So, I Can’t Play H (だから僕は、Hができない。), the anime adaptation of the series of light novels by the same name by Tachibana Pan, is an immediately addictive blend of fantasy action and fan service. The unusual twist here far more interesting than the last series I reviewed in this genre, Aesthetica of a Rogue Hero, which just felt like it was going through the motions. That’s not to say So, I Can’t Play H one doesn’t bear a resemblance to other series of a similar ilk. The one that comes to mind the most is Shakugan no Shana. I mean, one would seriously have to be blind or living under a rock not to see the similarities between these two – the crimson-haired, mystically-powered heroine and the high school boy with a powerful force hidden within, the two protagonists slowly falling in love without even realizing it while doing battle side-by-side. Of course, Shakugan no Shana in no way fell into the “fan service” genre, whereas this series is loaded with it. Fans of fan service need not worry, there’s plenty of skin, but the creators manage to avoid most of the cliches of the genre while providing it. No hot springs or beach episodes, just a lot of cute girls battling with their clothes torn to shreds.
But before I give too much away here, So, I Can’t Play H is about a perverted high school boy, Kaga Ryosuke, who unwittingly enters into a temporary contract with the beautiful Grim Reaper, Lisara Restall, from an alternate world known as Grimwald, where they power themselves off of humanity’s spiritual energy. Lisara needs to feed off of Ryosuke’s energy in order to stay in the world of humans, the catch is, Ryouske can only power up when he’s being perverted, which doesn’t seem to be a problem for him, especially when Lisara starts doing battle with strange creatures that constantly tear her clothes off. The problem facing them both, most seriously for Ryosuke though, is that he only has three weeks left to live, and Lisara needs to find a powerful source of energy somewhere in Ryosuke’s high school she’s been sensing, both to help him stay alive and to save her home world from a civil war that’s brewing.
The imagery in So, I Can’t Play H is enticing, to say the least. The character designs are more than up to snuff for both the fantasy and fan service genres, although the backgrounds are often lapse into amorphous, speckled blobs, like they were going for some sort of impressionist effect. It just makes the image look noisy an indistinct.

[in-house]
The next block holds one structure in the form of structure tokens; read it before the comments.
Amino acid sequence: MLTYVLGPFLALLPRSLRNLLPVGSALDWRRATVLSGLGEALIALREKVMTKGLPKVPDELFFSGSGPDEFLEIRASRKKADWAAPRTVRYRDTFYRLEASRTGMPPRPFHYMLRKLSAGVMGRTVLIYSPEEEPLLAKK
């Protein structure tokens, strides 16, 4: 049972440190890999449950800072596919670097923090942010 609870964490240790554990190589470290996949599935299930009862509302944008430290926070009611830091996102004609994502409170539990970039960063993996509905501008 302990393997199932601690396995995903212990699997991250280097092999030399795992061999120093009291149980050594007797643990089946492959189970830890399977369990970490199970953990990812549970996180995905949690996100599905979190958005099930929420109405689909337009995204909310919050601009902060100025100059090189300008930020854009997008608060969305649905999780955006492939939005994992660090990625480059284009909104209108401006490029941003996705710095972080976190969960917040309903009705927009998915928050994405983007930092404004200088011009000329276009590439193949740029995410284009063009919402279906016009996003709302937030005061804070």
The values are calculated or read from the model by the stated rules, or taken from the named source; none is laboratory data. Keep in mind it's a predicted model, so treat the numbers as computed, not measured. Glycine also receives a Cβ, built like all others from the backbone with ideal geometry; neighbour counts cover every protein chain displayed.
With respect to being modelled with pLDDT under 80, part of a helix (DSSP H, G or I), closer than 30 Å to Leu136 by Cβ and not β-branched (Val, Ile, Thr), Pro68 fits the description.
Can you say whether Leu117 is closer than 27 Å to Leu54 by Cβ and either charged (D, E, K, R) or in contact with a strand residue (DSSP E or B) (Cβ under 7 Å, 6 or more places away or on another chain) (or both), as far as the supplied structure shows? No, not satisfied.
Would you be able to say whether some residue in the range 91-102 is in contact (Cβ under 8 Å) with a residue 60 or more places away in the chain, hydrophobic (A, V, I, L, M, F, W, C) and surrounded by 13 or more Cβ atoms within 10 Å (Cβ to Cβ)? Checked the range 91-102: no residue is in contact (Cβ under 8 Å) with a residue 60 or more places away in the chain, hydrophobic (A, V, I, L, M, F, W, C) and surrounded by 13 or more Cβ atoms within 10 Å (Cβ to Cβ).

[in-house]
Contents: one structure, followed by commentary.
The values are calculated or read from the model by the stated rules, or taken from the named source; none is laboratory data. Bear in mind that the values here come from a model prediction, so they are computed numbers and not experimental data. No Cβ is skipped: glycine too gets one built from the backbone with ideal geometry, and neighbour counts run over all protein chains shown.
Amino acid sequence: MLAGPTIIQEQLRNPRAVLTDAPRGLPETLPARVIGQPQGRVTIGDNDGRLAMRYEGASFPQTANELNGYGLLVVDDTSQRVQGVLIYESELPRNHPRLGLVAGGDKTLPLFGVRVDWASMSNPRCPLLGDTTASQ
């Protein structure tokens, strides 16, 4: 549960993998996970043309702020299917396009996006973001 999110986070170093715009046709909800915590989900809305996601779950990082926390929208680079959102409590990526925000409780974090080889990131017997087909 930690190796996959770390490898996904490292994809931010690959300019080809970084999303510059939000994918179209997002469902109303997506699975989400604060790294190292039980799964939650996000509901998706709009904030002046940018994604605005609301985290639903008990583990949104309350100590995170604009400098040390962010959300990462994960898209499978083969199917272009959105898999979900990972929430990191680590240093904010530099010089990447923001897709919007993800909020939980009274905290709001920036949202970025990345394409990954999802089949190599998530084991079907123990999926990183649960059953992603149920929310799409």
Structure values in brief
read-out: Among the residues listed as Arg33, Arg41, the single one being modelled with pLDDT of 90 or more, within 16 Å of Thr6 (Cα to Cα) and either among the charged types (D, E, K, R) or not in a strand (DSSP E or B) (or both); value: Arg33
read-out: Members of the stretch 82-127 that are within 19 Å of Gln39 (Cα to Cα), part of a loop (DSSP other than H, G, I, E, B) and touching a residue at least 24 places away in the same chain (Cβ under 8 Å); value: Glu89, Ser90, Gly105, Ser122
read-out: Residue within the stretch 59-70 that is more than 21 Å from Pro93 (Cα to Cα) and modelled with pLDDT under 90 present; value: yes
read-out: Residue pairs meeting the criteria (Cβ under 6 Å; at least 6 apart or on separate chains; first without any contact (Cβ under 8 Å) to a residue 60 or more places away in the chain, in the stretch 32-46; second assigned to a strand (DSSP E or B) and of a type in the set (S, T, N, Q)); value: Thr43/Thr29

As with most of the series in this genre of anime, Ryosuke is given not one, but a few girls to be surrounded by, and they are all uniquely designed and portrayed. His childhood friend, the well-endowed Mina, is a shy, bookish girl with a crush on him. The rest of the girls are all reapers from Grimwald, all enter originally as sort of antagonists, but quickly become allies. Quele, Lisara’s younger, distant cousin, is a loli-goth type who develops a crush on Ryosuke while entered into a temporary contract with Mina, and then there’s Iria. Iria is a buxom blonde Idol and a rival from Lisara’s school days. Ryosuke has a big crush on her from before he knew she was a reaper. The interplay between these ladies and their “rivalry” over Ryosuke’s affections is partly what makes for the charm of So, I Can’t Play H. It’s a plot device that goes all the way back to Tenchi Muyo!, but still works.
An AVC/MPEG-4 1080p encodement of the digital animation is included on Blu-ray, and while there is no visible stairstepping around the line art, some occasional banding can be spotted and the image does look somewhat soft, not quite as crisp as it could be. The sort of noisy background art this series favors doesn’t help matters either. At least colors, especially primaries, particularly those reds, looks really good.
Bad news for you dub fans out there, this one only comes with the original Japanese-language soundtrack in a rather fine DTS-HD Master Audio 2.0 (48kHz/24-bit) stereo mix, I might add. The dialogue is clear, dynamic range is wide, and so is the stereo imaging for that matter. The English subtitles seem fine, although I don’t believe them to be exactly literal in all instances.
- Clean Opening Animation
- Clean Closing Animation
- Japanese Promo (1.78:1; 1080p/24; 00:02:07)
- Japanese TV Spots (1.78:1; 1080p/24; 00:00:38)
- Art Gallery (1.78:1; 1080p/24; 00:01:54)
- Sentai Filmworks Trailers
- Disc Credits
The Definitive Word
So, I Can’t Play H takes familiar themes, stirs them up and comes up with something, while not wholly new, is still enjoyable. You’ll be hooked pretty quickly on this one, from the gorgeous character designs to the nail biting action.
Additional Screen Captures